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Our holdings include hundreds of glass and film negatives/transparencies that we've scanned ourselves; in addition, many other photos on this site were extracted from reference images (high-resolution tiffs) in the Library of Congress research archive. (To query the database click here.) They are adjusted, restored and reworked by your webmaster in accordance with his aesthetic sensibilities before being downsized and turned into the jpegs you see here. All of these images (including "derivative works") are protected by copyright laws of the United States and other jurisdictions and may not be sold, reproduced or otherwise used for commercial purposes without permission.

© 2018 SHORPY INC.

[REV 25-NOV-2014]

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Acorn Musee: 1909

Acorn Musee: 1909

New York, 1909. "Political museums, Union Square." Two dueling exhibits, one mounted by the Committee of 100 against the Tammany Hall political machine, and the other a counter-exhibit staged by Tammany partisans. The particulars here are enough to make your eyes glaze over, although I was happy to see that someone fixed a misplaced apostrophe in the banner on the right. 8x10 glass negative, George Grantham Bain Collection. View full size.

On Shorpy:
Today's Top 5

The Rest of the Story

The arrest of Mister Fletcher was only the start of the story. Here be the end.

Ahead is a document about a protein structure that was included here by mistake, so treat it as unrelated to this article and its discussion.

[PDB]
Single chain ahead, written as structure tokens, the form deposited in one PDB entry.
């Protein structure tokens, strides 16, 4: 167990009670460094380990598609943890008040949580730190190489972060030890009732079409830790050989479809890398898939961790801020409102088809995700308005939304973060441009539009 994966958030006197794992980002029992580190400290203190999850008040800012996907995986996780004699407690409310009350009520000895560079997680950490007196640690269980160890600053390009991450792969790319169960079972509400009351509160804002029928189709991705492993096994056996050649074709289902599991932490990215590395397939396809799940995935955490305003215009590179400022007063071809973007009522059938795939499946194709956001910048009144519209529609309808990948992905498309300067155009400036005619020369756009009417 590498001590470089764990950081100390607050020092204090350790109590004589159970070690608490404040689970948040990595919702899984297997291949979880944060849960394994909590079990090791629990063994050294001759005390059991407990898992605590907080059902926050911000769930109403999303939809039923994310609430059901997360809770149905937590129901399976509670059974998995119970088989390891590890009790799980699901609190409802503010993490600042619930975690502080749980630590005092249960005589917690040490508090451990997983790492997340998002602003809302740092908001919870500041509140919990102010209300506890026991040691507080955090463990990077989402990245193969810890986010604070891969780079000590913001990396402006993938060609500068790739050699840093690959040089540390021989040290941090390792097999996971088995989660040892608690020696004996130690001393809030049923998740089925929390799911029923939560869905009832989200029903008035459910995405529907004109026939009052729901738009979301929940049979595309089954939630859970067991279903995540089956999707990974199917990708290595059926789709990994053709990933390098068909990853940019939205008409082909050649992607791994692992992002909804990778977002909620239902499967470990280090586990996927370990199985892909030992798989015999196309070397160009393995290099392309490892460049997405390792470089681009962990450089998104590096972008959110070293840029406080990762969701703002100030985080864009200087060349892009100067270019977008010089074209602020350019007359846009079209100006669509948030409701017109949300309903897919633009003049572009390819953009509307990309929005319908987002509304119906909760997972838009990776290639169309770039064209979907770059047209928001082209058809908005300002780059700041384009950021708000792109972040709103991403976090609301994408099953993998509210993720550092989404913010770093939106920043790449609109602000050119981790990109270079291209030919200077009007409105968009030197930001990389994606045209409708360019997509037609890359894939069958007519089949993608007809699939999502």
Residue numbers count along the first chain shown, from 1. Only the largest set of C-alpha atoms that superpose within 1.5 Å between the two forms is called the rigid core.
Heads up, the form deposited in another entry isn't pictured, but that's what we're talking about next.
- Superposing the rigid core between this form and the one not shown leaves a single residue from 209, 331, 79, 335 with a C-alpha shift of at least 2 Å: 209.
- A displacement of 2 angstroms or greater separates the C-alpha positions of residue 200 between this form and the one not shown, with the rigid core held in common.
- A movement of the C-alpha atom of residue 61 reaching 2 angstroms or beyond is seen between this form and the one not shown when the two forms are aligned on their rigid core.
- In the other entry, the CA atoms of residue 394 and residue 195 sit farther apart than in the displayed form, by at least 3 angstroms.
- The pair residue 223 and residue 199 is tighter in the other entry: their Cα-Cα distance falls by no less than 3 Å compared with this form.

If it is a group of citizens, collectively possessing something, then the correct usage is: Citizens'.

[You're missing the point. Take another look at the caption and the photo. - Dave]

1895 Violin News

Victor Flechter at 23 Union Square had quite the reputation as a doubtful purveyor of musical items.

"Acorn" Driving Me Nuts

What's the significance of "Acorn Musee?" Was the acorn a symbol of Tammany Hall? I thought it was the tiger.

[The Colonial Order of the Acorn, which organized the exhibit, was a fraternal organization similar to the Shriners. - Dave]

The more things change...

The politics here are fascinating. The signs upstairs for the Single Tax League show the diversity of ideas. Learning about political machines in high school history was not the most exciting topic, but being able to see it as the people of the time saw it is entirely different.

The different storefronts are also of interest. Ivy Corsets anyone?

The clarity of this picture is impressive compared to some of its contemporaries.

Union Square West

This street, Union Square West, is shown in the Shorpy post "Winter Wonderland." An extension of Broadway running from 14th to 17th, it's on the west side of Union Square Park. No. 29 (Citizens' Exhibit), at the corner of 16th, is now the Coffee House, a bistro very popular with the younger crowd. The other corner to the south is the Blue Water Grill, in a former bank on the corner of 15th Street. There are several other storefronts between them.

SHORPY HISTORICAL PHOTO ARCHIVE | History in HD is a vintage photo archive featuring thousands of high-definition images from the 1850s to 1960s. (Available as fine-art prints from the Shorpy Archive.) The site is named after Shorpy Higginbotham, a teenage coal miner who lived 100 years ago.

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